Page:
During the question and answer portion of any group presentation that I give, someone always asks about the use of turn signals. They are either curious to know what they must do or are being sarcastic about the drivers that they see around them that never signal. It's usually the latter but when asked to articulate, most drivers don't know exactly what is required of them by law and what a defensive driver will choose to do for safety.
Regardless of the fact that you may be the only vehicle on the highway, you must always signal a start from a stopped position or when making a lane change. If you are turning, you are only required to signal if your turn will affect surrounding traffic. Oddly enough, a semaphore arm may still be a legal method of giving a signal in addition to hand and arm signals or signal lights.
In my defensive driving classes I was told that I must always signal any start, turn or lane change. A lane change was considered to have happened if I moved more than half a vehicle width to the left or right. This meant that I had to signal left and then right if I moved partially out of my lane to drive safely around an obstruction at the side of the road.
If you always signal correctly and make a driving error you will show your intention to surrounding traffic. This may be enough to prevent a collision.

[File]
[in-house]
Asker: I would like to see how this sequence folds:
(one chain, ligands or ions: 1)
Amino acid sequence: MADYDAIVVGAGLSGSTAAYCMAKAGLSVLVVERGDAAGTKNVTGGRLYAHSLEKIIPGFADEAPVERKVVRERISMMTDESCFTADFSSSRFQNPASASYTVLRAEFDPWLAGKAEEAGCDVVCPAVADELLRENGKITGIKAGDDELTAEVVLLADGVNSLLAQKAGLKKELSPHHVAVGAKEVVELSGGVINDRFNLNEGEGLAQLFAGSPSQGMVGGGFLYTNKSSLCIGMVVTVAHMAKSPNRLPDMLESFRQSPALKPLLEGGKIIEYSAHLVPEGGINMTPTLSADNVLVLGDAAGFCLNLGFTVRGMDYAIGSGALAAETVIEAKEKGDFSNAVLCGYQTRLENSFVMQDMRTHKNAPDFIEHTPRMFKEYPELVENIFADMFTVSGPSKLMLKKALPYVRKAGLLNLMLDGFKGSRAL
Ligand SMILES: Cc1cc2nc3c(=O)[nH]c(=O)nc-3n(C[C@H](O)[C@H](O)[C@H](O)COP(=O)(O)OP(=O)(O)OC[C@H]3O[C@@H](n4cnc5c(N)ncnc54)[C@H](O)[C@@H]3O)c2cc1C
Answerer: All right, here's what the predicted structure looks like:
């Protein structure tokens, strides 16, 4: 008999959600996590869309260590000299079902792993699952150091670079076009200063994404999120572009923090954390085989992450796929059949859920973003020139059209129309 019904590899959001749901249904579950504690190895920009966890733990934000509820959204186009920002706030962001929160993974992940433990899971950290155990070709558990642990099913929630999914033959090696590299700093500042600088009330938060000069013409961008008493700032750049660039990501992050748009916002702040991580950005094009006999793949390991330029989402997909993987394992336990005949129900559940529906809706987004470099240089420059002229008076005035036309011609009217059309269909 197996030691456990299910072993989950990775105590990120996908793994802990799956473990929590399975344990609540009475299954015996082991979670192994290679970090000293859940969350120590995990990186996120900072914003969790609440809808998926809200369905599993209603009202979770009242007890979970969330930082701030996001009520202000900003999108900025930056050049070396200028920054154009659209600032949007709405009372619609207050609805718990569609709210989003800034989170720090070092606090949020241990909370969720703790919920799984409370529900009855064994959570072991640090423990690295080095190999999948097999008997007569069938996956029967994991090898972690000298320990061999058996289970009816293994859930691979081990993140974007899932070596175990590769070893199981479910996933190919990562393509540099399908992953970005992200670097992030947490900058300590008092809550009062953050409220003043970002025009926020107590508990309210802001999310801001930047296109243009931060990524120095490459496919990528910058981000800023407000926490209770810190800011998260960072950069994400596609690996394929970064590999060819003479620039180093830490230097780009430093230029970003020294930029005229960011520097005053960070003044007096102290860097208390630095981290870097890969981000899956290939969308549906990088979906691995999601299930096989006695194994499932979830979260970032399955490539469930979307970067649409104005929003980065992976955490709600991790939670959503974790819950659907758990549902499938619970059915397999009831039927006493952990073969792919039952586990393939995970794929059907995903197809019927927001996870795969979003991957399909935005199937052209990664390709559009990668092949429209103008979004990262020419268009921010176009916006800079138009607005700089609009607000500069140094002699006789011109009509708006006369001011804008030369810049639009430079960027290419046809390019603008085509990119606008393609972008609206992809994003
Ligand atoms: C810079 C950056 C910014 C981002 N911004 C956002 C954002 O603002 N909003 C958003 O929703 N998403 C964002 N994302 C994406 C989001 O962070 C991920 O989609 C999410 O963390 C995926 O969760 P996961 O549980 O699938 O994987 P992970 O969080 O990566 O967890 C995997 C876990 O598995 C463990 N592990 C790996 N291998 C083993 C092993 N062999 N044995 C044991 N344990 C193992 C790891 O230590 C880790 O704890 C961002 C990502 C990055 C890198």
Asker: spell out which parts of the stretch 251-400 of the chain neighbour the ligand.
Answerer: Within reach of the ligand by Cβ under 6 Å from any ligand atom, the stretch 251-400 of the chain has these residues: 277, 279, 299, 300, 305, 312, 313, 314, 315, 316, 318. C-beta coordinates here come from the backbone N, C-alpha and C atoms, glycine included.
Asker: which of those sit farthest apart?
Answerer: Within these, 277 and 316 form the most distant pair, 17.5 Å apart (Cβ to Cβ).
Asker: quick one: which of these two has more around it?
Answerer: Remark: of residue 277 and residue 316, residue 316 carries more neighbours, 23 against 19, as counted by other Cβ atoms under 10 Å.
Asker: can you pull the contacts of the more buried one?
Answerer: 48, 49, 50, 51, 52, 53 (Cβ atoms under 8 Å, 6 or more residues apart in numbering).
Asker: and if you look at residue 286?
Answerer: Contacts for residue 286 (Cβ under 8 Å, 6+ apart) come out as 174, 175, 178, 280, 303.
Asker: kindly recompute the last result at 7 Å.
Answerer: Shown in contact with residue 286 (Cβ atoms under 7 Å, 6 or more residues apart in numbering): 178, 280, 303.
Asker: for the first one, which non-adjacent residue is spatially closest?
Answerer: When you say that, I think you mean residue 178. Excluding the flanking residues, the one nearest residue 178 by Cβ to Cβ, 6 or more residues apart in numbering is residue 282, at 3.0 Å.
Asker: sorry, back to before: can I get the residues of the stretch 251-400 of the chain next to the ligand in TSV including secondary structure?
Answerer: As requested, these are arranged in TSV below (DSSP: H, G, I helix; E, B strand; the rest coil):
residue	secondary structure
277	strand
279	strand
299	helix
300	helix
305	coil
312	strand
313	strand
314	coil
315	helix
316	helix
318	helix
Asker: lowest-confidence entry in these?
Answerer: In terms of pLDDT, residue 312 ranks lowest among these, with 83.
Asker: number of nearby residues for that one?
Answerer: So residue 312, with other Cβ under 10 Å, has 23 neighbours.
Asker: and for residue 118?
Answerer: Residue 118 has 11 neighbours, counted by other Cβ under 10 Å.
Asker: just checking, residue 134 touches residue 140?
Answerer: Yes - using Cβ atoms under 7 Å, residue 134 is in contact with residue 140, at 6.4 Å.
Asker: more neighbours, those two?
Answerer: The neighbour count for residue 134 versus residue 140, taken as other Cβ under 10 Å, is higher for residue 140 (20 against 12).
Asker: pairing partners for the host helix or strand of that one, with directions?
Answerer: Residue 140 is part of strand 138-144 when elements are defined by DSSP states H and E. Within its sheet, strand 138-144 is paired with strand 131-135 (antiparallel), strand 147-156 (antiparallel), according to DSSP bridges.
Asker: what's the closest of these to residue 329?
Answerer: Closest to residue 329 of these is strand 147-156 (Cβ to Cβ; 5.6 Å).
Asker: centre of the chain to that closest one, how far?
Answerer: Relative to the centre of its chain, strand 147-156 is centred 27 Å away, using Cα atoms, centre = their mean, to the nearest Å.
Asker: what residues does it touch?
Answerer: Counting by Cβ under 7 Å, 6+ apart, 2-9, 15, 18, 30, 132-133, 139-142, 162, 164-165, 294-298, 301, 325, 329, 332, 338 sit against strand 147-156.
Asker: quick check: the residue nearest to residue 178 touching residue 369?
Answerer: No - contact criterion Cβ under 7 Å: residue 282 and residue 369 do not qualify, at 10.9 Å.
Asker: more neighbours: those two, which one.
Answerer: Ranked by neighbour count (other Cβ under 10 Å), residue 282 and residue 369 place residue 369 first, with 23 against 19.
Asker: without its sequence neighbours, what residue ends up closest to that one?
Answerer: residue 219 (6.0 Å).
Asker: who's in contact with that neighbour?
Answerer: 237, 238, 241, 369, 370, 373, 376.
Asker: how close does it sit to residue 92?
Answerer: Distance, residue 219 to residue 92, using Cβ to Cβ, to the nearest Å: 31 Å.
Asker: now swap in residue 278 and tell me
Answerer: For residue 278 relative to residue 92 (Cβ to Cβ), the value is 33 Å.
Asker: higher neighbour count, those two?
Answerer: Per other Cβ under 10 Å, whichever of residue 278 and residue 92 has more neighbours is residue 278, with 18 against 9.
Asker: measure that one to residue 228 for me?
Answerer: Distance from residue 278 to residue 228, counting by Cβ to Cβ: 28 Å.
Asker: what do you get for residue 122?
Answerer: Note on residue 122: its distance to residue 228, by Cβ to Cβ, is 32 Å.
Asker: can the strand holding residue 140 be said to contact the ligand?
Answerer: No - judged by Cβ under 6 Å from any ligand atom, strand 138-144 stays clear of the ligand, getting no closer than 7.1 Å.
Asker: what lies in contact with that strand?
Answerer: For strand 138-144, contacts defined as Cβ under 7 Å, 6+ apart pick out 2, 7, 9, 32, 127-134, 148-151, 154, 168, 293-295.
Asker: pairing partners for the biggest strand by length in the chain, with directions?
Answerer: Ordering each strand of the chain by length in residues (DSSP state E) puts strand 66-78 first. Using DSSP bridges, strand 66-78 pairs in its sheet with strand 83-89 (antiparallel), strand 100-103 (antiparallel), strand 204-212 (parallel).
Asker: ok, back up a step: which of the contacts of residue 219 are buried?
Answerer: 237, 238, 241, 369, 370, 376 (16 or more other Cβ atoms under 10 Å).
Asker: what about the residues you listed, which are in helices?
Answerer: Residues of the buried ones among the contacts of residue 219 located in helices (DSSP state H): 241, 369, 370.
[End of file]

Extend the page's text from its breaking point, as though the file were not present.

Finally, ask any emergency vehicle driver and they will tell you that when they are asking for right of way with lights and siren activated, signal your intention to get out of the way and then follow that signal without fail. They will worry about getting around you safely after that.
Some random thoughts from my random brain.
- The original legal requirement to signal one's intentions to other drivers must surely have been a consequence of early collision analysis.
- The most fundamental right-of-way rule must surely have been Section 169: Starting Vehicle. Not only is a driver required to signal their intention, but if they move the vehicle and this causes a collision, then it's their fault, plain and simple. And that includes bus drivers, incidentally, no matter what some of them seem to think.